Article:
Why Isn’t Elder Abuse Reported More Often?
It can be difficult to realize that as our family members age, they can become vulnerable to different types of abuse – especially when those are the individuals we’ve looked up to our entire lives. There are a number of factors that increase a person’s risk for abuse – especially when they live in a long-term care facility like a nursing home. Unfortunately, it’s a rare occurrence for an abused senior to report what’s been done to them.
It’s known that approximately one in ten Americans over the age of 60 has experienced some form of abuse; however, it’s likely that only one in 14 cases are reported to the proper authorities. It’s also likely that those numbers are low estimations. Understanding what factors put an elder at risk can aid in the prevention of abuse.
Social isolation is the low quality or quantity of contact with others. There are often few instances of social contact, few social roles, and mutually-rewarding relationships may be absent. Elders who are socially isolated are at a greater risk of being abused physically and emotionally. They may experience shame and guilt because of what they’ve been subjected to, which can contribute to a lack of reporting.
When a senior in a nursing home is intentionally isolated, they are likely to become despondent and disinterested in their previous hobbies or activities. Abusive employees may intentionally isolate the resident in hopes that the abuse will be kept a secret because the resident won’t have to chance to speak with other residents or family member who could help them. Long-term isolation can lead to issues with depression, which can seriously impact both the emotional and mental states.
In order to combat issues of social isolation, regularly check on your loved one. Consider scheduling time every week or multiple times a week to visit them. If you notice they are acting differently, mention your concerns. If you see the staff members are trying to prevent you from seeing your loved one, this is a major red flag. It’s important to get to the bottom of what is going on and ensure your loved one is being treated properly.
Elders with cognitive impairments like dementia are at a significantly greater risk of abuse because of their impaired memory, communication skills, and judgment. A significant number of individuals with mental impairments experience various forms of abuse because negligent individuals take advantage of these seniors knowing full well they may be incapable of reporting the abuse, not be believed, or they may not be aware the abuse is happening.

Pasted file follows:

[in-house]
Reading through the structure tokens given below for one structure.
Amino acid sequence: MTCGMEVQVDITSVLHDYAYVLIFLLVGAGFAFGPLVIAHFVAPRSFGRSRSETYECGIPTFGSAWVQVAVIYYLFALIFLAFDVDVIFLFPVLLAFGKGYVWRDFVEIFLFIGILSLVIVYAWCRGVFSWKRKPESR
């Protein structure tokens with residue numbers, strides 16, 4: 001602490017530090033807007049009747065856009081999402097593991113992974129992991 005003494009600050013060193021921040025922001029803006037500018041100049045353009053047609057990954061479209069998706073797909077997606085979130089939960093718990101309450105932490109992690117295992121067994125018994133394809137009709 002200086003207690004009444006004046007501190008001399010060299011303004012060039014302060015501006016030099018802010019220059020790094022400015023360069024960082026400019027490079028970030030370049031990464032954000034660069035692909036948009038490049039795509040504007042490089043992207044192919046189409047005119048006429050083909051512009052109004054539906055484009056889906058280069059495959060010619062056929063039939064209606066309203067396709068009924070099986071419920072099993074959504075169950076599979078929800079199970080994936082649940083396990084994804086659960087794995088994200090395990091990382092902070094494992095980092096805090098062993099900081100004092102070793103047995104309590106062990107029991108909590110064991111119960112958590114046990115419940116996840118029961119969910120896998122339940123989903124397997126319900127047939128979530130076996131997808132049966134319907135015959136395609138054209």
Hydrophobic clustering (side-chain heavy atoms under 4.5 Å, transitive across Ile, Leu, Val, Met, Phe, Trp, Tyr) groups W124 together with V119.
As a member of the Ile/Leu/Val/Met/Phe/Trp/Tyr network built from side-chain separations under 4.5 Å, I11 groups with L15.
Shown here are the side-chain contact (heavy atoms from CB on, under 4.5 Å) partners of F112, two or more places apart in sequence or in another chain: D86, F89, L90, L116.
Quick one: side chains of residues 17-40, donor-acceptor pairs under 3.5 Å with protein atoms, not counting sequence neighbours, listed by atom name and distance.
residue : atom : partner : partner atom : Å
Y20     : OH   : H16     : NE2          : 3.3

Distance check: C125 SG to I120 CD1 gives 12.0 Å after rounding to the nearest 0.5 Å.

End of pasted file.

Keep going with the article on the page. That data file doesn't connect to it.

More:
Caregivers may also become frustrated because of a resident’s psychological aggression or physical assault behaviors – which can develop as the condition progresses. To increase their power over the situation, they may result to violence themselves.
As with preventing social isolation, communication and regular visits are crucial if your loved one has a cognitive impairment. While it may be difficult to spend time with your loved one when they’re dealing with this type of condition, you’ll be able to ensure they are being treated with the dignity and respect they deserve.
Interpersonal violence, also referred to as domestic violence, occurs at higher rates among adults with disabilities. This occurs when a person uses power and control to inflict harm on an older adult with whom they have a relationship. The harm can be physical, emotional, sexual, or financial. Typical abusers include spouses, former spouses, partners, adult children, extended family, and in-home caregivers.
Typical abusive tactics include threats, manipulation, intimidation, and violence. This is often the least reported elder abuse because it’s likely a person has been experiencing the behavior for years. Someone who has become accustomed to being abused is less likely to come forward and inform someone of their situation.
Suspecting your loved one is being abused by another family member or someone else you know can be an upsetting and difficult situation; however, it’s important to remember that your loved one could be in danger and it’s best to remove them from that situation and determine what has happened.
If you suspect or know your loved one is being abused, you can take legal action on their behalf. It’s important to speak with your loved one and attempt to get them to tell you what they’ve been through, but remember that it may be a difficult conversation for them. If you’re ready to hold the negligent party responsible for your loved one’s pain and suffering, schedule a free consultation with us.
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